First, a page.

CALGARY -- It's the only kind of rebound Nashville Predators goaltender Pekka Rinne likes seeing.
Rinne rebounded from being pulled after a four-goal first period in Vancouver by stopping all 33 shots he faced as the Nashville Predators blanked the Calgary Flames 2-0 at Scotiabank Saddledome on Saturday.
"I think just to bounce back from the last game in Vancouver," said Rinne, who was named the game's first star. "Personally, just a rough start, four goals in the first period. I think we all were mentally prepared and just ready to go."
Though he was impressed with his starter's performance in the game, Predators coach Barry Trotz said he has liked what he's seen out of his goaltender all season.
"(His) last performance he was fine. It wasn't anything about Pekka Rinne," Trotz offered. "When you need a win, Pekks is always the guy who can stand up and give you a real good performance and he did tonight."
The victory was Rinne's first ever against the Flames and ended Nashville's four-game losing streak. It was his 21st career shutout, tying him with Tomas Vokoun for the most in franchise history.
Despite being outshot 8-3 in the first period, the Predators went to the locker room in a scoreless tie, then grabbed the lead early in the second.
Jack Hillen took a pass from former Flames forward Brian McGrattan and fired a shot from the slot that bounced off the stick of Calgary's David Moss, up in the air and off Niklas Bergfors' chest and behind Kiprusoff at 2:34.
The Flames almost drew even just 3:47 later. Unchecked on the far post, Tim Jackman jammed at a loose puck in the crease and had pushed the puck beyond the goal line, but the play was reviewed and called no goal due to Tom Kostopoulos impeding Rinne from making the save.
"We were hoping it would be good," Jarome Iginla said. "Talking to Jacks and T.K., they thought they were just going for the puck, but that's part of it. On another night, that counts. Some nights it doesn't."
Rinne kept the Predators ahead with three saves that left Flames shooters frustrated. A redirected point shot off the stick of Mark Giordano was handled calmly by Rinne, who moments later then turned aside Iginla's slapper from the high slot and denied Matt Stajan's subsequent attempts at putting home the rebound.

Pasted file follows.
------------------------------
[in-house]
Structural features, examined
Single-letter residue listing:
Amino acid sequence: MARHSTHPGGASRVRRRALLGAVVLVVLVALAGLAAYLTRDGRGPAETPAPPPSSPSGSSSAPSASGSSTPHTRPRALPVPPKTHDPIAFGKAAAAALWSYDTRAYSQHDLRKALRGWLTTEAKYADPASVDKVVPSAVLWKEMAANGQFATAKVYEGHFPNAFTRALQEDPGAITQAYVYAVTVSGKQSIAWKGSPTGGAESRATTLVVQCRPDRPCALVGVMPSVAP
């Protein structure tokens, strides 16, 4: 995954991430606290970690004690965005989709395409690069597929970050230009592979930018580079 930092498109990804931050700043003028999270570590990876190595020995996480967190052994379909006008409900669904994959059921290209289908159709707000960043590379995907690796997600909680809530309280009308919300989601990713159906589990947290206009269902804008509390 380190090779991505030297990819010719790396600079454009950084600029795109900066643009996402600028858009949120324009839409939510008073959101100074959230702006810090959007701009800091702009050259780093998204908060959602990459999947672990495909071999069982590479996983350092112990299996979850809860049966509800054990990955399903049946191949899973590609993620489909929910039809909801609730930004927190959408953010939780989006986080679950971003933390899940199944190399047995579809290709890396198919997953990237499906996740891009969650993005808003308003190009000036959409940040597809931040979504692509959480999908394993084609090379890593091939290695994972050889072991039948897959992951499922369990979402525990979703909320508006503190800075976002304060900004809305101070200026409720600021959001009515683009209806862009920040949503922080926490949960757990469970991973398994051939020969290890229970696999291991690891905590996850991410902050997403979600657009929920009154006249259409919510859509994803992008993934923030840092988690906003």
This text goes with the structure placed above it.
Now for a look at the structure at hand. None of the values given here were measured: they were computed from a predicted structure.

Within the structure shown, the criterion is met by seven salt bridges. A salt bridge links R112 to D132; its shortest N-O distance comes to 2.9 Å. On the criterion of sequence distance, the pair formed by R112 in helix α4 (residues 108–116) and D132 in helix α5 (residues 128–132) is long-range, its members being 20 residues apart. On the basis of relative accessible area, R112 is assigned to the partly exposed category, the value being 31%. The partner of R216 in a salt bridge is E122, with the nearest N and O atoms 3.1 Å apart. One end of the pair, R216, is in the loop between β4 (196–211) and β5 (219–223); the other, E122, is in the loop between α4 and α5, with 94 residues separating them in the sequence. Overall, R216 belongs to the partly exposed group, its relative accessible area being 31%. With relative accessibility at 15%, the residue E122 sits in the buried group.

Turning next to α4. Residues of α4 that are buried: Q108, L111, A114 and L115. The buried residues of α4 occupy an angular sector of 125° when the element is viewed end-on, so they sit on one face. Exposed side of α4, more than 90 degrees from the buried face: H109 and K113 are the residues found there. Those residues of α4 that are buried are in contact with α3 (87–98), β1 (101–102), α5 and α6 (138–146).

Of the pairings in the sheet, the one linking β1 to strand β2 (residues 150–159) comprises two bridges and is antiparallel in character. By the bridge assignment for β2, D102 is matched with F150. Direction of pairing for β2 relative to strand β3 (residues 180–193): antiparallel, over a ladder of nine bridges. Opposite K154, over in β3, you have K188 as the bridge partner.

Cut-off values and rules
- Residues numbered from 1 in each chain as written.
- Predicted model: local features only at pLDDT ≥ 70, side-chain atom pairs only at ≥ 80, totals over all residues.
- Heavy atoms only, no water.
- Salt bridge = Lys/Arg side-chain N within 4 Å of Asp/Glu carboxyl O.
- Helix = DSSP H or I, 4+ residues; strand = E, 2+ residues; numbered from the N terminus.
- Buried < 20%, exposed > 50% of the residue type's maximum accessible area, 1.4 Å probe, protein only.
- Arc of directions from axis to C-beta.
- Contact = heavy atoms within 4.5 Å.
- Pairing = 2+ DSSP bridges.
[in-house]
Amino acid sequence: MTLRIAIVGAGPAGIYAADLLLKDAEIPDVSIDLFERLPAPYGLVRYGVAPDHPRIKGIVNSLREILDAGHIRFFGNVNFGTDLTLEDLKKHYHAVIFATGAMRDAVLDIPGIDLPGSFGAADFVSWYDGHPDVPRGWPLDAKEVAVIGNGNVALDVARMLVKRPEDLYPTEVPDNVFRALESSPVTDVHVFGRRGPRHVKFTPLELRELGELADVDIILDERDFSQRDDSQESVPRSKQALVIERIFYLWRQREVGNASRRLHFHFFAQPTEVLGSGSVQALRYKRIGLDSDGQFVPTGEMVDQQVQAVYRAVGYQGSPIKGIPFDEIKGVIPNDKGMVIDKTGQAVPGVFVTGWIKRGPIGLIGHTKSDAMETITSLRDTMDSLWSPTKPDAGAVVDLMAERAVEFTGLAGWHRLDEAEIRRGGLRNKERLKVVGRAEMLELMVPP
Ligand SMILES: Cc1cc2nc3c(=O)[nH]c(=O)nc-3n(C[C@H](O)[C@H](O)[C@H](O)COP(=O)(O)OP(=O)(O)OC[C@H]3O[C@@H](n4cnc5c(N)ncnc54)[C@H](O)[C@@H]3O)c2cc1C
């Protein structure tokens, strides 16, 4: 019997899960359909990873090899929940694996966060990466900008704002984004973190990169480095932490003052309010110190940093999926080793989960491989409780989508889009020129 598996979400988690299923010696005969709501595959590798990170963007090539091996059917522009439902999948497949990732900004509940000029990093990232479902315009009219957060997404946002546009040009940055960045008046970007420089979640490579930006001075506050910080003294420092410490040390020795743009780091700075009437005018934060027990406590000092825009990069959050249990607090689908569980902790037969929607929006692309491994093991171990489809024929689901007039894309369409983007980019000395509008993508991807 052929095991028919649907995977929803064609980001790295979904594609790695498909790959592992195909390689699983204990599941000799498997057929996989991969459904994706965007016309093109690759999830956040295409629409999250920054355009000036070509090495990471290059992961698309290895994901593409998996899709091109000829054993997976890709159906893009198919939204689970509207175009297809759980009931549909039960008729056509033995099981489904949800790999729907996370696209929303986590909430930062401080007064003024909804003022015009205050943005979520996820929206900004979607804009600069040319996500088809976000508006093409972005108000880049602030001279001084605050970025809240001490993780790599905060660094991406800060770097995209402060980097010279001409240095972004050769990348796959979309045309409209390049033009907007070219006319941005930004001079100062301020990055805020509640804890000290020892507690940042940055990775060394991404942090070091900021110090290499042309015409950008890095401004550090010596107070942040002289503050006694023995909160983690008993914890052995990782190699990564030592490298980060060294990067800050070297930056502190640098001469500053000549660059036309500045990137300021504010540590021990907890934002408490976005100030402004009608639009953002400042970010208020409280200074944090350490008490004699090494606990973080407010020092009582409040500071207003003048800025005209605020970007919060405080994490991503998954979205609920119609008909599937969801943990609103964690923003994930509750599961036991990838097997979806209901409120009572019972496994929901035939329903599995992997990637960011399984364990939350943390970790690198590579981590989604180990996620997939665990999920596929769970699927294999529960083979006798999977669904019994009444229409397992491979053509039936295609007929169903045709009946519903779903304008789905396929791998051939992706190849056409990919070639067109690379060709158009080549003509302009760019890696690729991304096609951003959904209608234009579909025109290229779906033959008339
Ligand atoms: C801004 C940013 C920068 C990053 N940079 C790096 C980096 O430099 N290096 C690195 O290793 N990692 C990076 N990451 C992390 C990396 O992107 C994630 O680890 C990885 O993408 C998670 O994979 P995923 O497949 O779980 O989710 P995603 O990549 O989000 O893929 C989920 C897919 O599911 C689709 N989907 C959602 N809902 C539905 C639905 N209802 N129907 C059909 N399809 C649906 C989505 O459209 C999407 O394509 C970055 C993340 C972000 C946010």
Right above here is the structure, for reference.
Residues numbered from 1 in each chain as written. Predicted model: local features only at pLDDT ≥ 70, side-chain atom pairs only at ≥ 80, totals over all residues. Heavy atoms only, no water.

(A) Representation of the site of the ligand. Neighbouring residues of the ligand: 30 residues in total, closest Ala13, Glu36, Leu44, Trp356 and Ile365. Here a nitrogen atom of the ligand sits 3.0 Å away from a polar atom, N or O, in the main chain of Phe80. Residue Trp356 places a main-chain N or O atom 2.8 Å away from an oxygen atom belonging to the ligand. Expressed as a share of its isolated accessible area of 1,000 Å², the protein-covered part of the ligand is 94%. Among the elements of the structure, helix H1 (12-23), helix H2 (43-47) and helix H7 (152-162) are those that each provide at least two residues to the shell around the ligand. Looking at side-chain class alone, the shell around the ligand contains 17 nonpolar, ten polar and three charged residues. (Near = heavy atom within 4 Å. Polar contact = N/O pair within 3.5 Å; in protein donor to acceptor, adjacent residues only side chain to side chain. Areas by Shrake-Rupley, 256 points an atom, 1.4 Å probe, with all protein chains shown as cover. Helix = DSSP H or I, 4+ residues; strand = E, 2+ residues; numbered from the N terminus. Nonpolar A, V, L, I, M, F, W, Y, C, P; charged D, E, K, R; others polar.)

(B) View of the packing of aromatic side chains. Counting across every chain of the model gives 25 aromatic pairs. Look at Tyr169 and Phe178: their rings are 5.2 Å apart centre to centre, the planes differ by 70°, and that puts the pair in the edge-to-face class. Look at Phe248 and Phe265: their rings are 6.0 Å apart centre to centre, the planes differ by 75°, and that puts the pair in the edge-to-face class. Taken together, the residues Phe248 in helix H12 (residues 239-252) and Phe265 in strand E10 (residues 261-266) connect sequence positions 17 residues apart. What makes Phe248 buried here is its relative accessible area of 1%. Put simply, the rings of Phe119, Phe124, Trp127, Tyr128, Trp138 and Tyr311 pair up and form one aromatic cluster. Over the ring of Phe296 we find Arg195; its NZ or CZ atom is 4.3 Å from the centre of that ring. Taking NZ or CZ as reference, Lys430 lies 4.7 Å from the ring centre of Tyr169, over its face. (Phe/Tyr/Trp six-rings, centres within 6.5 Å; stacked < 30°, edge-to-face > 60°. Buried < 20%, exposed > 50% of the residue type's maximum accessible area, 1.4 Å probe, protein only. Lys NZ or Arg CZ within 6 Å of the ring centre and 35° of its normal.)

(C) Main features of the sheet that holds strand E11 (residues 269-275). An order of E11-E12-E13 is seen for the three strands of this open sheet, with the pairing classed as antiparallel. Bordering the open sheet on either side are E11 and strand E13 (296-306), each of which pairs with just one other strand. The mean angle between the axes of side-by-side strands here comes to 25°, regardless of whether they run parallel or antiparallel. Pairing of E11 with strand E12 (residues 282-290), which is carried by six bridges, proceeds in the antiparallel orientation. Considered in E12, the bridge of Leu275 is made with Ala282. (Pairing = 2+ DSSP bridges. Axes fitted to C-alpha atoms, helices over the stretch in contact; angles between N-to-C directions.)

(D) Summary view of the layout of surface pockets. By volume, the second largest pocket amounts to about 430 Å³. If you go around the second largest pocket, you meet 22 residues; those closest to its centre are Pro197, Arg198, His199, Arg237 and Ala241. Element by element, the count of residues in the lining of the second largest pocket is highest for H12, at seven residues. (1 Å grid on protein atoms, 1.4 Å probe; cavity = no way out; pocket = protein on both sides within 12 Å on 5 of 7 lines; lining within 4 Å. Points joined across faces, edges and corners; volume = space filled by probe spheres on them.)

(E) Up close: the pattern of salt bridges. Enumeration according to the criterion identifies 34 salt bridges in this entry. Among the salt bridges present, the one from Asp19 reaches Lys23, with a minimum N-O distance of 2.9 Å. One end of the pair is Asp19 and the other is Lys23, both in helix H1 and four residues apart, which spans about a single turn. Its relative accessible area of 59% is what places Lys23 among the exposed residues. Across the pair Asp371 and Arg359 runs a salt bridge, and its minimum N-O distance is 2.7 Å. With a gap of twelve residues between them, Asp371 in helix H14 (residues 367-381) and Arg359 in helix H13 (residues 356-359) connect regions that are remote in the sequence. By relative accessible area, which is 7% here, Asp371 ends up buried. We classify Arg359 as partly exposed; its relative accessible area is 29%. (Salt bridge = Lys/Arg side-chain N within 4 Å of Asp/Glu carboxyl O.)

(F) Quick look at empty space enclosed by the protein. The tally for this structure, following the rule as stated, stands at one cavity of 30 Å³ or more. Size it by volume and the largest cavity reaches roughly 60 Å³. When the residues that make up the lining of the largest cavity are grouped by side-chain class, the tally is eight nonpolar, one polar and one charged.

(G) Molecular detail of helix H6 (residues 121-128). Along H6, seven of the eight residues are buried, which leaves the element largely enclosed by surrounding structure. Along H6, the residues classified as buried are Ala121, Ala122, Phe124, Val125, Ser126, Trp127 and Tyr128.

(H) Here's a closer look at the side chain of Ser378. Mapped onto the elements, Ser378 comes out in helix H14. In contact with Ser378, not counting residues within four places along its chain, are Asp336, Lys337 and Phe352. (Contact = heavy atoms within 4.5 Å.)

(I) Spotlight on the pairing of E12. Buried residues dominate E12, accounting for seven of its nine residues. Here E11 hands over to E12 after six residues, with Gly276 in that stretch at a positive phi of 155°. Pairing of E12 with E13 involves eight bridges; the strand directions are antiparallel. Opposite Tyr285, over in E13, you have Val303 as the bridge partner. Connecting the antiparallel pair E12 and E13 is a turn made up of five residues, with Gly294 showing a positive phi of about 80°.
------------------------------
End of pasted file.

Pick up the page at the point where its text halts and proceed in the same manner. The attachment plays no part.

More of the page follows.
Rinne was flawless again in the third, when the Flames outshot the Predators 14-3 on the way to a final margin of 33-14. His best came at 8:23 when was off a screened shot from the point that didn't make it through to the net, but Lee Stempniak picked up the loose puck and tried to tuck it in the far post, only to be denied by Rinne's left leg.
"It's just one of those things," Rinne said. "I saw the puck laying there and I knew somebody's going to get his stick (on it) pretty soon. I was able to get my pad there and was lucky to save that."
When the Flames were able to get the puck through Rinne, they couldn't beat Jonathan Blum. After Iginla managed to squeeze one at a sharp angle through the pads of the Predators' goalie, Blum dived to swat Olli Jokinen's attempt at the gaping net out of harm's way.
"That's one of those game-changing plays," Rinne said. "That puck went through me. I thought that for sure it's in the back of the net. Blum came to the rescue and made an outstanding play and saved my bottom right there. Blum made an outstanding play."
"I don't know if I would have had time to take it more towards the net," Jokinen said. "There was a lot to shoot at. This time it didn't go in."
Sergei Kostitsyn gave the Predators some breathing room on just their second shot of the period with 5:24 remaining. Craig Smith caught a Flames defenseman pinching at the Predators' blue line, broke into the zone on an odd-man rush and fed an open Kostitsyn, who tapped the puck behind Kiprusoff.
"Overall we had enough chances to win tonight," Jokinen said. "This game is always a tight game. We gave them two odd-manned rushes and they scored both times. A couple mistakes cost us the game."
Predators captain Shea Weber said he was pleased to escape with the victory, which moves the club back to .500.
"It's two points," Weber said. "We found a way. It wasn't pretty, we didn't generate a whole lot, but you know what? We won."
Though they've picked up just three points through the midway point of their six-game homestand, Iginla is drawing on the positives to turn Calgary's fortunes around.
"It feels like our game as a team, we've been in these close ones," the Flames' captain said. We're playing pretty good hockey and we're starting to get that consistent play, but we're not getting results. (If) we play like that consistently we'll win. That's what it feels like."